The mother of the Boston bombing suspects said today that her sons were only guilty of being Muslim.
Zubeidat Tsarnaeva left her house accompanied by her brother-in-law and tried to evade the crowd of television cameras that followed her. She ignored questions from reporters, but when ABC News asked her "What did your son do?" Tsarnaeva turned and shouted "My son just was Muslim. My son was Muslim, that's it."
Then she and the relative got into a taxi and sped away, ending her first appearance in public since Friday's bloody standoff with police that left her older son Tamerlan Tsarnaev dead and ended when his younger brother Dzhokhar was captured alive.
Moments before the mother emerged from the house, a spokeswoman for the family told reporters the suspects' parents did not want to talk to reporters because they are grieving. She said the mother could only look at a photo of her son, which has been circulating on the internet and claims to be his naked dead body, and cry.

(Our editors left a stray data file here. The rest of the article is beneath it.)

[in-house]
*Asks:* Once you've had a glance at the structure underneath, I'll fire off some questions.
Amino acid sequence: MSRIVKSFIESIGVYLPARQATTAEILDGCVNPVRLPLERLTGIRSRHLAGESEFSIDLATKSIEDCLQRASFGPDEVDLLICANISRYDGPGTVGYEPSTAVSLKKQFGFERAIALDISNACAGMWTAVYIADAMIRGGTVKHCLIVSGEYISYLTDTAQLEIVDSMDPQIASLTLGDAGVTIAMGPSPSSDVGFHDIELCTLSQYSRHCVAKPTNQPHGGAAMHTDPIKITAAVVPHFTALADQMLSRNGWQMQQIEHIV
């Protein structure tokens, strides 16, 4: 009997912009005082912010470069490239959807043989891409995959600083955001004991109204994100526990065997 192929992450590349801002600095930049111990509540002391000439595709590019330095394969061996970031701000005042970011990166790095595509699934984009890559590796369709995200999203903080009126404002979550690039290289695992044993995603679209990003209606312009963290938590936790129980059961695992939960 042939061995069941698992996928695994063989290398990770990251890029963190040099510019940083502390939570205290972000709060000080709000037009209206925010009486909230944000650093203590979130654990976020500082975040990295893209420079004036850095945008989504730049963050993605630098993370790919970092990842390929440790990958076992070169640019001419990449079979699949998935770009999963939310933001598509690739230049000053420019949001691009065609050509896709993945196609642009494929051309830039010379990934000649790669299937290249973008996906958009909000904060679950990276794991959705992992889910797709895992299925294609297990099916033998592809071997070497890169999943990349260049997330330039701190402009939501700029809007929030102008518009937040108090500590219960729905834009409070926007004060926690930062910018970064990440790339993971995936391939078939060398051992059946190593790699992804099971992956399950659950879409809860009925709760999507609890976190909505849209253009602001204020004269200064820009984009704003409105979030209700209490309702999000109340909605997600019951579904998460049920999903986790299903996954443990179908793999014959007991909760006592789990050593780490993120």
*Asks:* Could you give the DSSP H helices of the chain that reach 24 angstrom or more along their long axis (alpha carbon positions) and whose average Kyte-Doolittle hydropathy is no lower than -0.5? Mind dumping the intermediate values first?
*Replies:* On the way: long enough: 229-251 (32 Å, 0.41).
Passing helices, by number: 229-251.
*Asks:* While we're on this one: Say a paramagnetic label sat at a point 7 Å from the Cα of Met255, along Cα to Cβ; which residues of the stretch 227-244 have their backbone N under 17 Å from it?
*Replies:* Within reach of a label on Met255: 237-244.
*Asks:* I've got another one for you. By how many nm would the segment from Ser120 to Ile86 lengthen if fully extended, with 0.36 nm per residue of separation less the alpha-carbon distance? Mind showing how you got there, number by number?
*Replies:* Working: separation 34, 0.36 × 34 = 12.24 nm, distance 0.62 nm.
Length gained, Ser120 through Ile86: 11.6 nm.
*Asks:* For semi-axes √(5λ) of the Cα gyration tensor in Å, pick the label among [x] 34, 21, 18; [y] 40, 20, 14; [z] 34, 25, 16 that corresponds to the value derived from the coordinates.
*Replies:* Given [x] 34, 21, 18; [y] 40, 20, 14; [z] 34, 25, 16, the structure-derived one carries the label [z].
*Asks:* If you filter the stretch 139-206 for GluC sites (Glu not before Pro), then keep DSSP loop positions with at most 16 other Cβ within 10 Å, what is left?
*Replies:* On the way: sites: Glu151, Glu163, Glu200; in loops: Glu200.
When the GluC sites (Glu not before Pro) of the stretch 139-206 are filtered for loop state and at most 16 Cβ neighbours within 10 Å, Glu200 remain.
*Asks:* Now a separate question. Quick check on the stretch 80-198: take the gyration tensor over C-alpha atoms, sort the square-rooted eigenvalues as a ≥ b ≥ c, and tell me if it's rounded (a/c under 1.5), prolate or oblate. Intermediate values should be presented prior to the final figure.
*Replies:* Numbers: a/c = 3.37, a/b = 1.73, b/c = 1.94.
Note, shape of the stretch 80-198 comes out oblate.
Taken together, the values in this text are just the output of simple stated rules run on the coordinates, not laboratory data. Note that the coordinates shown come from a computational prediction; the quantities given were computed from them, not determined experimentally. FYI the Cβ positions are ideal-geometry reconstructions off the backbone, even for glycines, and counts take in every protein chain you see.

"She is in a difficult condition and she can't talk," the spokeswoman, local human rights activist Heda Seratova, said. "She doesn't understand what she says."
A lawyer for Seratova's organization also addressed reporters and said the suspects' parents are still in shock. Despite claims by both parents that their sons were framed and killed by the United States government, the lawyer expressed support for the investigation into last week's Boston Marathon bombings and the subsequent standoff on Friday.
The parents plan to travel to the United States to collect Tamerlan's body, the lawyer said.
"The father wants to go to the United States to find justice," he said.
In a phone interview with ABC News on Monday, Tsarnaeva said she had encouraged Tamerlan to embrace Islam about five years ago. Tamerlan traveled to this restive region in southern Russia, home to an Islamic insurgency, last year for about six months. Investigators are exploring whether he became radicalized during that trip or met any militants here. Family members insist Tamerlan's views of Islam were formed in the United States.